GAME OF THRONES 6.05 ‘The Door’ Review

GAME OF THRONES Season 6 Episode 05

Episode Title: “The Door”

Writers: David Benioff & D. B. Weiss

Director: Jack Bender

Previously on Game of Thrones:

Episode 6.04 “Book of the Stranger”

There are spoilers ahead for last night’s episode of Game of Thrones, but don’t pretend that you didn’t know that!


That may be one of the last times we hear that word in Game of Thrones after a shocking and intense ending. After a particularly bloody encounter with the White Walkers and their army of the undead, the direwolf Summer, the Three-eyed Raven, and numerous Children of the Forest are dead. But it’s the loss of Hodor that really stings. We can only assume that the reveal of Hodor’s origin was something that George R.R. Martin was going to save for one of his final novels in the series. But if Martin was really planning that from the beginning then it’s an impressive piece of foreshadowing.

Earlier this season, we briefly glimpsed Hodor’s younger self, Wyllis during one of Bran’s visions. Here, Wyllis suffers a seizure in the past as a response to Bran’s final command in the present to “hold the door” and give Bran and Meera a chance to escape. Somehow, Bran unintentionally destroyed Wyllis’ ability to say anything other than “Hodor,” his slurred combination of those words. The result is the most upsetting Game of Thrones death since the Red Viper’s duel with the Mountain.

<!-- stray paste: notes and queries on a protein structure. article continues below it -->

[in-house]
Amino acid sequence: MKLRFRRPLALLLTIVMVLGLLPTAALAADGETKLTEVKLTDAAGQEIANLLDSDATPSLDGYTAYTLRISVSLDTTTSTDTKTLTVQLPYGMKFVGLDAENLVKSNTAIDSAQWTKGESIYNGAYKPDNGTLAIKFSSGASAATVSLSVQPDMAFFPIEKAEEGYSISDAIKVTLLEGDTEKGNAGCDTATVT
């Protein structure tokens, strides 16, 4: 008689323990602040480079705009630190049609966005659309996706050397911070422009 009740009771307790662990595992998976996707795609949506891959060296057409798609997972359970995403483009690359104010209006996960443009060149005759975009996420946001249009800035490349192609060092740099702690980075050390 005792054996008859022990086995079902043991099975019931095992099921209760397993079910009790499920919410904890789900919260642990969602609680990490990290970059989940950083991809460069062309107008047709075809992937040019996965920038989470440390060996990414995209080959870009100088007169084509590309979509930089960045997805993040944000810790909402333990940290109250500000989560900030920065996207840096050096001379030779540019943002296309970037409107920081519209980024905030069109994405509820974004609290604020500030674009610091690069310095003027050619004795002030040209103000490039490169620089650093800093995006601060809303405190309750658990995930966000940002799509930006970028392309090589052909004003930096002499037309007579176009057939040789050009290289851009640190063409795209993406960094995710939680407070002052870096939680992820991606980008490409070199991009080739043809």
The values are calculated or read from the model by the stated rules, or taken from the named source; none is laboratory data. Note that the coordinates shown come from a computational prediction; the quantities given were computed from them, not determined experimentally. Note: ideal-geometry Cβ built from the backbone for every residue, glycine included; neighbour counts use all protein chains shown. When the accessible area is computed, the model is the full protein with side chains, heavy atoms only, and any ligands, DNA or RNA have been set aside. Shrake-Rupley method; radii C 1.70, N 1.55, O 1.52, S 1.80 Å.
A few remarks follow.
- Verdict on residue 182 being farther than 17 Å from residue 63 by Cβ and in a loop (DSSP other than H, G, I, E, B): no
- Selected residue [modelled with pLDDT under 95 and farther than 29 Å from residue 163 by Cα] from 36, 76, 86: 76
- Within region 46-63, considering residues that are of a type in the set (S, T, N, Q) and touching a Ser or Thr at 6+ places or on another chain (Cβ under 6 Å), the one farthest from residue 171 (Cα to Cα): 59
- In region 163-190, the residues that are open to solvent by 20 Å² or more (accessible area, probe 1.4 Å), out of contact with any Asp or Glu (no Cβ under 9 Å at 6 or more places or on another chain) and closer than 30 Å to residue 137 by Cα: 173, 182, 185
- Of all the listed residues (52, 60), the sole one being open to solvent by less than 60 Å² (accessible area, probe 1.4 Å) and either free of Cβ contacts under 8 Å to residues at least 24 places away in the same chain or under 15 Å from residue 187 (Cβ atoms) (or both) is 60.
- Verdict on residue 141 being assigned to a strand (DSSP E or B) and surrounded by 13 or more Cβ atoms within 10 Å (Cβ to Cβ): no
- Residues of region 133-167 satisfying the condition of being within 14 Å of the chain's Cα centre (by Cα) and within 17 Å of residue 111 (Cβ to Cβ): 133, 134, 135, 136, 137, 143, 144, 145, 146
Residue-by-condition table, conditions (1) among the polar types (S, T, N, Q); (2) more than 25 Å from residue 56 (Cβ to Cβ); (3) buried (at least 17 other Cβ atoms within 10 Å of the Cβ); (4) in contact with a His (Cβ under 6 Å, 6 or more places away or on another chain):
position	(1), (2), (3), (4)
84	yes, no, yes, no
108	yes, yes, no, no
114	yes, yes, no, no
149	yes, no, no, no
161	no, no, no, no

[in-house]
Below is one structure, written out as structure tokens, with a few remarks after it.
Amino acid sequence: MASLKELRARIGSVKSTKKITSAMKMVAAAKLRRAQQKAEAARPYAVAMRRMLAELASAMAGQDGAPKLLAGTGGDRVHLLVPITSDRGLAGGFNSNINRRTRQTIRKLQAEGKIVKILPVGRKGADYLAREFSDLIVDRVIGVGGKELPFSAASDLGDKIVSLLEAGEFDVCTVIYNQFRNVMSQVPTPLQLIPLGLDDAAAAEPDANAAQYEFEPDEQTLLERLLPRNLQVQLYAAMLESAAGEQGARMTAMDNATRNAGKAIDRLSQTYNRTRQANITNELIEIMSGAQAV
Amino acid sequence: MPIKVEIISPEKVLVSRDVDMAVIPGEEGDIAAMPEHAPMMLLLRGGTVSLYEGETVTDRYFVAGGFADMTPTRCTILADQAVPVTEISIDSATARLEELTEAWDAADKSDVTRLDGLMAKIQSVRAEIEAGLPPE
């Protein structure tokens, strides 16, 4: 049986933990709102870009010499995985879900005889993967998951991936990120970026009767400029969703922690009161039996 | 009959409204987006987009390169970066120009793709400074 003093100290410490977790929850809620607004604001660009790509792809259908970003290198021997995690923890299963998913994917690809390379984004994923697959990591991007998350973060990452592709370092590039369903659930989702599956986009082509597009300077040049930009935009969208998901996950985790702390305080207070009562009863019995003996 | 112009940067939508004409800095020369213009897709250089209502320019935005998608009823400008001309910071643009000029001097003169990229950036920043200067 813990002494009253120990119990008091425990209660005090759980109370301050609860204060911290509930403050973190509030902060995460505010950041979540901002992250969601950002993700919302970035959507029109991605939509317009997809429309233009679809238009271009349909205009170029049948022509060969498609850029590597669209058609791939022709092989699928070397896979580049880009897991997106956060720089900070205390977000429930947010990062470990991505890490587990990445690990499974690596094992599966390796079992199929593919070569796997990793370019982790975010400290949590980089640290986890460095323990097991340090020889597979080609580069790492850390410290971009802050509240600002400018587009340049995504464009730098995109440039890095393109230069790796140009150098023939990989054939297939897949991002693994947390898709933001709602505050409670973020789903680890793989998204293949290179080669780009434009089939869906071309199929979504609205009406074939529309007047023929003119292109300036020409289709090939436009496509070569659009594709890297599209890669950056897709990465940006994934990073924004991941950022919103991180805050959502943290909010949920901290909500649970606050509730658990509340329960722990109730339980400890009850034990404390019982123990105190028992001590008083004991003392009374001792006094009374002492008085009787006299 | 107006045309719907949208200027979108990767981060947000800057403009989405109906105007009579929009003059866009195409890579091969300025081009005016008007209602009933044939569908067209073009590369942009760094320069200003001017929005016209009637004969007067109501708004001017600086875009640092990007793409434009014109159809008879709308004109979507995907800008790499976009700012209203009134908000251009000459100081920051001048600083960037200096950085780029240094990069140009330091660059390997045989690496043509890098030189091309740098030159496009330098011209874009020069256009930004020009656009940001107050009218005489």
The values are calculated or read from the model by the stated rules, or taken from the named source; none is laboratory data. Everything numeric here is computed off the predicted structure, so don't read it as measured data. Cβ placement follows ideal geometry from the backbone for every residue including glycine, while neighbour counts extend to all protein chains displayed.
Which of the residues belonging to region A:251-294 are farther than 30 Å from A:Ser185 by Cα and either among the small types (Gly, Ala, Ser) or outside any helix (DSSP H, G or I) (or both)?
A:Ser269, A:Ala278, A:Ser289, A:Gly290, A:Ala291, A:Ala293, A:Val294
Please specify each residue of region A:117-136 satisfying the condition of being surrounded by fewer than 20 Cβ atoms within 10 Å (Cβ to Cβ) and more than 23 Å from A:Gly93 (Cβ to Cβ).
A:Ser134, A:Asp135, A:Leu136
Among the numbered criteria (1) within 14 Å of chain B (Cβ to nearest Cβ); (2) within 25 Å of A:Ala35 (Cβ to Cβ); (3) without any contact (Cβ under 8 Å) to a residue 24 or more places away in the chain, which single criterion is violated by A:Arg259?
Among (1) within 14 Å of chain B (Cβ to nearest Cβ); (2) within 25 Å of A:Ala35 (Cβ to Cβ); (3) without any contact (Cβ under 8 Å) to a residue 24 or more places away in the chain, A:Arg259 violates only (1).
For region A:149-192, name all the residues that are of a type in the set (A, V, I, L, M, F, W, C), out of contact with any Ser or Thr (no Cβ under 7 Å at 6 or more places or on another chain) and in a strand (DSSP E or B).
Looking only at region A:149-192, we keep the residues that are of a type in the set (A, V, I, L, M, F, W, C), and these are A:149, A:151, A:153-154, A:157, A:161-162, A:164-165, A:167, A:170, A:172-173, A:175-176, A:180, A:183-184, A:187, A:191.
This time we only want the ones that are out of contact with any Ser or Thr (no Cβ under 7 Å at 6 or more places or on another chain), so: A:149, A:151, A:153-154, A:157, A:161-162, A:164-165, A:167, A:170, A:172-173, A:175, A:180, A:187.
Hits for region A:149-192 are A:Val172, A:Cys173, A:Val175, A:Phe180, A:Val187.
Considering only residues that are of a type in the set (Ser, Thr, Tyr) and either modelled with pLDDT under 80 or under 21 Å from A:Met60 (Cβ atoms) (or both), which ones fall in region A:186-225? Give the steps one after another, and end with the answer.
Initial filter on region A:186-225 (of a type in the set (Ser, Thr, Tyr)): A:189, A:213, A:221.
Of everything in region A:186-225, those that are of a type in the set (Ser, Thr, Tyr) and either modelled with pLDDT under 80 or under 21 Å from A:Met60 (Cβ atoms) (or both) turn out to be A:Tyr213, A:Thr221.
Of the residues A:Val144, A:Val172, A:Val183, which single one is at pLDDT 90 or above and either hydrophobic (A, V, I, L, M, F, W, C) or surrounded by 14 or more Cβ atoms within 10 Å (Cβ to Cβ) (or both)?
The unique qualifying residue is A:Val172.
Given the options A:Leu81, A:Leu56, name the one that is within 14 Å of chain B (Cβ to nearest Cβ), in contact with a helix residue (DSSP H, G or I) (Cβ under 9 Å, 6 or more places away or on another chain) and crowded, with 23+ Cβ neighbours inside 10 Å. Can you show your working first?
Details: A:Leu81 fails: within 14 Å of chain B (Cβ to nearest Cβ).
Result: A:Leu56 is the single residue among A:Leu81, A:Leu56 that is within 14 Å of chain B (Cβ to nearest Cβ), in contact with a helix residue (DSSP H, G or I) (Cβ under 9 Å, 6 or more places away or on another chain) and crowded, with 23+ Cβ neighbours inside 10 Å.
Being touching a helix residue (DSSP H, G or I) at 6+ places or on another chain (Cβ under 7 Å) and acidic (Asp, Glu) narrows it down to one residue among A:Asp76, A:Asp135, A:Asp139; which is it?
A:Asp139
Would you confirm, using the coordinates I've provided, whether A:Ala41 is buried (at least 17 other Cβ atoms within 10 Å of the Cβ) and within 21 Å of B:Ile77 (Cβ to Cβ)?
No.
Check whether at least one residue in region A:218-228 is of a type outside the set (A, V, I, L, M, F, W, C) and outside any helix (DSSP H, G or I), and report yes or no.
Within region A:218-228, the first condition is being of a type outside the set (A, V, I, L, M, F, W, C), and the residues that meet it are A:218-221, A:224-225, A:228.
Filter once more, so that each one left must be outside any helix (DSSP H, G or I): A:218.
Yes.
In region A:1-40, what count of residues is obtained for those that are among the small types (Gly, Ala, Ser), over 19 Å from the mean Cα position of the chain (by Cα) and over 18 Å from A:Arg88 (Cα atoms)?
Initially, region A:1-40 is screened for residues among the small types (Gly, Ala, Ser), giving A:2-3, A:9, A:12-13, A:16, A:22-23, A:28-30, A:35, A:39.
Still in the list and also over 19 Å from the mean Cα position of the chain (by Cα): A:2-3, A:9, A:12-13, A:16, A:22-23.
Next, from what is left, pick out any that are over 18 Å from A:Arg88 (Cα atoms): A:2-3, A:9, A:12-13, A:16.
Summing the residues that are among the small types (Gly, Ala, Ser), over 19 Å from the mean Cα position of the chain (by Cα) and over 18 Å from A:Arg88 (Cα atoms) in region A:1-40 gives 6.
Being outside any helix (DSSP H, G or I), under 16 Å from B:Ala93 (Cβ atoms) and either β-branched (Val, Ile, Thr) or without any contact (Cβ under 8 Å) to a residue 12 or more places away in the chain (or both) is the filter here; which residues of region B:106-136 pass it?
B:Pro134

Kristian Nairn deserves recognition for making his exit from the series so affecting. An earlier scene from the episode served as a reminder for just how much he could convey with “Hodor” when he and Meera fondly remembered what it was like to eat real food. Hodor/Wyllis is really going to be missed on this show, and it’s made Bran and Meera’s lives much more dangerous now that they’re on their own beyond the Wall.

There is also the inescapable conclusion that all of this was Bran’s fault. He went vision surfing without his mentor and drew the attention of the Night’s King and his White Walkers. Their subsequent invasion of the Three-eyed Raven’s sanctuary was one of the most exciting sequences that this show has ever done. Although Max Von Sydow should really avoid swords in his next role. That’s the second time in a calendar year that Sydow’s character has met his end that way.

The rest of Bran’s scenes also set up some unsettling revelations. For starters, the Children created the White Walkers as weapons against the First Men. And the other important moment is the confirmation that Bran can affect the past through his visions. Young Ned Stark may have heard Bran a few weeks ago, but young Hodor was definitely damaged beyond repair by Bran’s actions. Now, here’s a question for you: did Bran actually change anything in the past? Or were his actions preordained to close the loop of Hodor’s life?

Also: Emilia Clarke Speaks About Her Latest ‘Game of Thrones’ Nude Scene

Over in Braavos, Arya got an update on the situation in King’s Landing in an unexpected way: a parody play that recounted the deaths of King Robert and her father, Ned Stark. The new information to Arya was that her sister, Sansa was forced to marry Tyrion. But there was a lot lost in translation, including Ned’s characterization as a power hungry idiot and Joffrey as a well-meaning coward. If you recall, Ned confessed to the crimes he was charged with as a way to spare Sansa and possibly himself. So as far as the people of the Seven Kingdoms and beyond know, those charges were true. Outside of the North, this may be how Ned Stark is remembered.